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Sunday, 21 December 2014

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Good point. I'm just....

An interesting article from the BBC

"Why do mornings still get darker after the winter solstice?"

http://www.bbc.co.uk/news/magazine-30549149

'Round here the day length is increased by one (1)second for today December 22; one my only hope for improvement, eh?

Indeed, the cycle of seasons is like a swing ... just swayin'.

But the mornings keep on getting darker for some time.

errr, almost Mike! As we (the planet that is) tilt at 23 degrees (or so..) and have an elliptical orbit around the sun, the day length varies from 24hrs minus 20s to 24 hrs plus 30s and daylight after the winter solstice is still pretty mean. witness this morning in the UK when Sunrise where I am was 8.15... (yesterday was 7.45) Oh whither time..

Interestingly, if like me you care more about sunset time than sunrise (I don't get up early enough, clearly), it's been getting lighter for a few days now.

On the other hand, if you get up early then it's still getting darker in the mornings...

Thank goodness for that. But curiously the mornings continue to get darker until next year - an interesting article on the BBC website - http://www.bbc.co.uk/news/magazine-30549149

Yeah, from 1005 hrs on Tues morning in Australia, the days start getting shorter. And hotter. Our hottest time in Victoria is late January, which coincides with the worst fire season. We've had 40% less rain than average , and it's tinder dry . Worried is not the word. I'd love a tropical cyclone to come in in North Queensland, with no major damage, and drop 100mm down here in its aftermath. Only thing absolutely certain about climate change is TOTAL UNCERTAINTY!!

I moved from the eastern side of the central time zone, to the western side of the eastern time zone, and I'm amazed how bright it is in the late afternoons here during winter!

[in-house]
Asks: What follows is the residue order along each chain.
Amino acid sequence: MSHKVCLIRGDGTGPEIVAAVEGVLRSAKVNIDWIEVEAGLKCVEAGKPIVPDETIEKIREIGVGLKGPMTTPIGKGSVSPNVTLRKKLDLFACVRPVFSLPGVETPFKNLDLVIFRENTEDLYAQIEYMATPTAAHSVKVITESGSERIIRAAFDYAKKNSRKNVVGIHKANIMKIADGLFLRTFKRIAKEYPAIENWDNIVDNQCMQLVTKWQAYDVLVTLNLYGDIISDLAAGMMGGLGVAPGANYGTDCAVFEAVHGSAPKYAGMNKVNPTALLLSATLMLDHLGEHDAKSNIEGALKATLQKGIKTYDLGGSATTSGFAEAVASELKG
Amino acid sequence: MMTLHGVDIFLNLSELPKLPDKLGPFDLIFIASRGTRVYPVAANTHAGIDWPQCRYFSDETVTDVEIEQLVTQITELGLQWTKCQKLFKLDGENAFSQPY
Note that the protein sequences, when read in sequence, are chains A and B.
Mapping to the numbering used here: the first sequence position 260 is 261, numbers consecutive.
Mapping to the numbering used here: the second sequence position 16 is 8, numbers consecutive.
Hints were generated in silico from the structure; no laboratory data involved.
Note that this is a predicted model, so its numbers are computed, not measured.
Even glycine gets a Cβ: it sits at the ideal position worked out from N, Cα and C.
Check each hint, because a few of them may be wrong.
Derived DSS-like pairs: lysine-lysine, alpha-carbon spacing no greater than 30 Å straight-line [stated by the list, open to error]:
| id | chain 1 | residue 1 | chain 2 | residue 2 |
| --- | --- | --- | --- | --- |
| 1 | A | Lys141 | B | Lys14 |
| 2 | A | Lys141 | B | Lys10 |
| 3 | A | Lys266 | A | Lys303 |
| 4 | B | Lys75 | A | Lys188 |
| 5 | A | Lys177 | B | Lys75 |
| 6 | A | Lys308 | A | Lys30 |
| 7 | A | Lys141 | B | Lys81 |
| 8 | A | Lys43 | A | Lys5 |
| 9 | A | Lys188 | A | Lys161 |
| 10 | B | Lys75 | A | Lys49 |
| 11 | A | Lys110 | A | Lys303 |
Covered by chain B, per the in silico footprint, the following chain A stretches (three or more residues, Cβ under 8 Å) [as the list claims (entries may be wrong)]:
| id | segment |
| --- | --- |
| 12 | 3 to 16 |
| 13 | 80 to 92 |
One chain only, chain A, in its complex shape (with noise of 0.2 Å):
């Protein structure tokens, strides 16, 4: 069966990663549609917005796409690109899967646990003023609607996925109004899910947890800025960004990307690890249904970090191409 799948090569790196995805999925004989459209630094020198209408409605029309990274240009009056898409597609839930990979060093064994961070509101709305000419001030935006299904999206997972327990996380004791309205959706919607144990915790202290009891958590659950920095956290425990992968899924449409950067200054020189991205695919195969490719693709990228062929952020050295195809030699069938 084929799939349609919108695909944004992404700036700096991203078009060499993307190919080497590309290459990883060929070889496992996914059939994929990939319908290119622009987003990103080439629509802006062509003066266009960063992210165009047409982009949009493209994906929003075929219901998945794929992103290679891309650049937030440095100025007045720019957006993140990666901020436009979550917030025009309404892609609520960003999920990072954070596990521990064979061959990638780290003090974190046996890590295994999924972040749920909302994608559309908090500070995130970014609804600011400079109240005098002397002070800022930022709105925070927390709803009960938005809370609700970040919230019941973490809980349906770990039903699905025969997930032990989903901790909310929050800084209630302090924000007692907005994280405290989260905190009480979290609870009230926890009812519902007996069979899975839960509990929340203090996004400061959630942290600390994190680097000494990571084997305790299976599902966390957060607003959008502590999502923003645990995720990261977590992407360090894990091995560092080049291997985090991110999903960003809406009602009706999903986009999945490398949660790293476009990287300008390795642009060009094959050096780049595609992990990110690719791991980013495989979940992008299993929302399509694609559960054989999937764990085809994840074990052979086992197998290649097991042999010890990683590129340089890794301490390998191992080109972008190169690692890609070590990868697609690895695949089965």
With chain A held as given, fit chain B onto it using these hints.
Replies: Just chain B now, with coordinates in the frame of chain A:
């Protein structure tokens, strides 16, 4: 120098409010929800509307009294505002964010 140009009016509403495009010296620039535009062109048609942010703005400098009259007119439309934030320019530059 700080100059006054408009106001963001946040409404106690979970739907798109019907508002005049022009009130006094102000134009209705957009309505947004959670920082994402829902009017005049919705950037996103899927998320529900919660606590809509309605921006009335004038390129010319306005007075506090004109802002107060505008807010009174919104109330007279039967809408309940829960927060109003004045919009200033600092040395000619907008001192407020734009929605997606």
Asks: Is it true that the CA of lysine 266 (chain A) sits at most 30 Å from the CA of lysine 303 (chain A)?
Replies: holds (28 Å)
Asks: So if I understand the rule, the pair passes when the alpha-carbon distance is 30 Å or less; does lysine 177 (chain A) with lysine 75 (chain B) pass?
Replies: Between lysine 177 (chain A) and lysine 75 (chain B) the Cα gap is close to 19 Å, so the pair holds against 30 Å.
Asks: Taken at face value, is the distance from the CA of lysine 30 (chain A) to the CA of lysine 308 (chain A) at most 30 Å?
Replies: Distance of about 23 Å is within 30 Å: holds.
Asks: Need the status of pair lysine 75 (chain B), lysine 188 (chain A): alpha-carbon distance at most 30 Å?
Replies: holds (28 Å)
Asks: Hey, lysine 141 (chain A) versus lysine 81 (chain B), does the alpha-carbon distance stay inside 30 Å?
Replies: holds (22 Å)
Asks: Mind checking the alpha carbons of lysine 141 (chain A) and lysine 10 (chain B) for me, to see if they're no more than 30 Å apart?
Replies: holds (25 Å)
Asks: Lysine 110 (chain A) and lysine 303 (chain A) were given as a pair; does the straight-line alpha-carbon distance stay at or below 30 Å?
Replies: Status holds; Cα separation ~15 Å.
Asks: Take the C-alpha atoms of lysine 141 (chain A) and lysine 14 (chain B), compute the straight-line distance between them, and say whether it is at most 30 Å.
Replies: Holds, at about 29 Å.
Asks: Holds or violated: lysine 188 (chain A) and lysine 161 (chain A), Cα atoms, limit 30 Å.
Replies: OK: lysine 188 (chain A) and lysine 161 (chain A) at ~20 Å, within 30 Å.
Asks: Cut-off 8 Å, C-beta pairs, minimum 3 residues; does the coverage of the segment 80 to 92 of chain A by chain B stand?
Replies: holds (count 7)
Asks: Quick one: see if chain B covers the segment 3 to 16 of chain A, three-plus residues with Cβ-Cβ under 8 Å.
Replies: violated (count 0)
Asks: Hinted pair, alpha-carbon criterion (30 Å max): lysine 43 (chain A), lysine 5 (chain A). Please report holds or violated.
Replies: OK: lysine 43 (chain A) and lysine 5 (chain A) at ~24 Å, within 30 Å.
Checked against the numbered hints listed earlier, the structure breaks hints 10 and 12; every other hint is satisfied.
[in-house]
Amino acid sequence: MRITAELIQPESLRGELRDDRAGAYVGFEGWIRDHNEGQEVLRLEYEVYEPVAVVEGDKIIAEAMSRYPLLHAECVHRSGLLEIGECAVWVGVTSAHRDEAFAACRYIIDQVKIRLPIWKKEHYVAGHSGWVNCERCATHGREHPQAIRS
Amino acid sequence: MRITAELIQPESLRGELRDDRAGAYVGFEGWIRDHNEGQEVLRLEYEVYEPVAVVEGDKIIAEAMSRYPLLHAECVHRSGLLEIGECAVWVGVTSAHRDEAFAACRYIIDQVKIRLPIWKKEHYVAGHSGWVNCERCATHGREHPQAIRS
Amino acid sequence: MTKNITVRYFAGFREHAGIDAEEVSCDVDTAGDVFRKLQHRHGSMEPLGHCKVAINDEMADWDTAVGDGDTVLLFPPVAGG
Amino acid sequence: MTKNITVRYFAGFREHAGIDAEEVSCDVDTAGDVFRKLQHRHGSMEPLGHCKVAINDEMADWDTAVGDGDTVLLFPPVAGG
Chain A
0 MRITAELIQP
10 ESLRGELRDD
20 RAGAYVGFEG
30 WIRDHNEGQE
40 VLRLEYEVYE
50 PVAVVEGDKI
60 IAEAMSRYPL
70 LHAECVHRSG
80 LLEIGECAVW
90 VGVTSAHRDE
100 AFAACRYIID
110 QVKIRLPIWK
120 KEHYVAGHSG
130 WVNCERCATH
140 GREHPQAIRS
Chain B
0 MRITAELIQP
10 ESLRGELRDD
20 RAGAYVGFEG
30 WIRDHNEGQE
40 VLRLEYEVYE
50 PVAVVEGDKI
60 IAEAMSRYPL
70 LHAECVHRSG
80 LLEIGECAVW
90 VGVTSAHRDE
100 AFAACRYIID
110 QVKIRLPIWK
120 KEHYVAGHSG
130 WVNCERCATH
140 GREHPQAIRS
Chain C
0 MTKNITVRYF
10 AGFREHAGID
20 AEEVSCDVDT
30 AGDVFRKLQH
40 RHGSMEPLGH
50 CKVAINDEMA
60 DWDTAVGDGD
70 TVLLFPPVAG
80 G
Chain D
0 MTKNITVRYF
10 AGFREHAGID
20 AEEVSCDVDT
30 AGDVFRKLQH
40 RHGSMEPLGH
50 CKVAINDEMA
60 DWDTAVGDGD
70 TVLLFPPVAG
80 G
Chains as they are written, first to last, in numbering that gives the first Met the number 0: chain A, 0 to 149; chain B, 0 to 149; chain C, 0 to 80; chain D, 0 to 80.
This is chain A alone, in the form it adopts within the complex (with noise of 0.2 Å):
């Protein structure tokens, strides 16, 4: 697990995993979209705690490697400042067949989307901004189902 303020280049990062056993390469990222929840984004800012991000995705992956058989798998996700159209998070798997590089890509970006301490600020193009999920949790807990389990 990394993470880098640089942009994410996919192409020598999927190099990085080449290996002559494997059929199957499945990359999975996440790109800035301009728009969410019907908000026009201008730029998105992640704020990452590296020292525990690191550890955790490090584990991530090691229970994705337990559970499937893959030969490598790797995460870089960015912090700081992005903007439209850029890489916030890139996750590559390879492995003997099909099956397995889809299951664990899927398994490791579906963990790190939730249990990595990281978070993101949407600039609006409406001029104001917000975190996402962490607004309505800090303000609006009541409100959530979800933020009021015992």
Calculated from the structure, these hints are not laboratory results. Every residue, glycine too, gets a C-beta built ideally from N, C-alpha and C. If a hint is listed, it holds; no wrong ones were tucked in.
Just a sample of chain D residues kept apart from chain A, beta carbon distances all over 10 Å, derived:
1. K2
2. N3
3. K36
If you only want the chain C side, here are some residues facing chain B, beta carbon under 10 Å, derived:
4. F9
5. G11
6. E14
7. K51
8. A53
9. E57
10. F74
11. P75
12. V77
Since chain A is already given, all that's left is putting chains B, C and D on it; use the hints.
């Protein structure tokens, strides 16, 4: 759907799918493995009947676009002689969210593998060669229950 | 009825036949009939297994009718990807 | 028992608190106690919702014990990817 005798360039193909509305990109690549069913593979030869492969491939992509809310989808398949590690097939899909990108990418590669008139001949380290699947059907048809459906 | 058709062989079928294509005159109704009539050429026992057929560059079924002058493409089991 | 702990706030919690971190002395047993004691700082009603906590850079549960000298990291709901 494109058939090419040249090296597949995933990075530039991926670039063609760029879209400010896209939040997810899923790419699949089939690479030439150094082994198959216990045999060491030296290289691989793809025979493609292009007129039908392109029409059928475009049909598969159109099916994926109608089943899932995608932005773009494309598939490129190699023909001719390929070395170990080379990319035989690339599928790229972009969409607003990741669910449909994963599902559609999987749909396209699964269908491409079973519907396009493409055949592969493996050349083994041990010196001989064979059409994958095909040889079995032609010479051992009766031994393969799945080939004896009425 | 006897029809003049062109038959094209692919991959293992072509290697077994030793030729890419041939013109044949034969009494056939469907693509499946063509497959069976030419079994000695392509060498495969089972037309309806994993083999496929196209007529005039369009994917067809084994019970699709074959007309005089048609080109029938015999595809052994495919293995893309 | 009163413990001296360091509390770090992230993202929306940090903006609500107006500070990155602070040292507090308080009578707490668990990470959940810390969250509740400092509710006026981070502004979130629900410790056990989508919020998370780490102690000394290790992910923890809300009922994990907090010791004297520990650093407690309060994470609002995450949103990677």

While technically true (though not always) I've just learned two interesting factoids: the time that the sun sets has been getting later since mid-December and the time the sun rises also continues to be later until early January. Apparently it has to do with the fact that days aren't really 24 hours long (tell that to your new AppleWatch accurate to 50 milliseconds). So yes the "days" will be getting longer but early risers face increasing morning darkness for awhile longer. Full explanation here: http://www.bbc.co.uk/news/magazine-30549149

As someone who is both a walkabout photographer and a night owl, rising late and functioning leisurely over an overly long breaky (not the least of which is because of the engaging writing of your humble self and interesting commenters) I find most of my photography this time of year taking place between ISO 800 to 6400, less than optimal. Did I mention that I live in London where daytime is hardly synonymous with sunlight in any case? Bring on March's Equinox!

Thanks to Andy F. for the link to the Beeb's piece, above. I am cheered up a bit knowing that the evenings start getting lighter before the shortest day, but I did not know why.

here in northern indiana, it really does not make a difference what time the sun rises or sets this time of year. Thanks to Lake Michigan it's all clouds all the time.
Is there a Sun?

I was stationed in Lapin Finland, now Lapland and we shot in "available darkness" for the midwinter.

b

where I live in New Zealand official sunrise is currently 5:45am and sunset 9:29pm. Just saying'...

Bryce Lee, at 1/8000th shutter speed, you have the potential to take 8,000 new shots in that extra second. Make good use of it. :-)

It's all about the annalemma, that figure eight thing in the Pacific Ocean on some globes.

http://www.sciquill.com/analemma/page2.html

It took me over fifty years to realize this: a midnight sun in summer means a midnight full moon in winter! That must be an amazing but chilly sight, watching the moon rise waxing, spin around as bright as can be, then wane and sink again. This never gets much press but that makes it no less true... I think!

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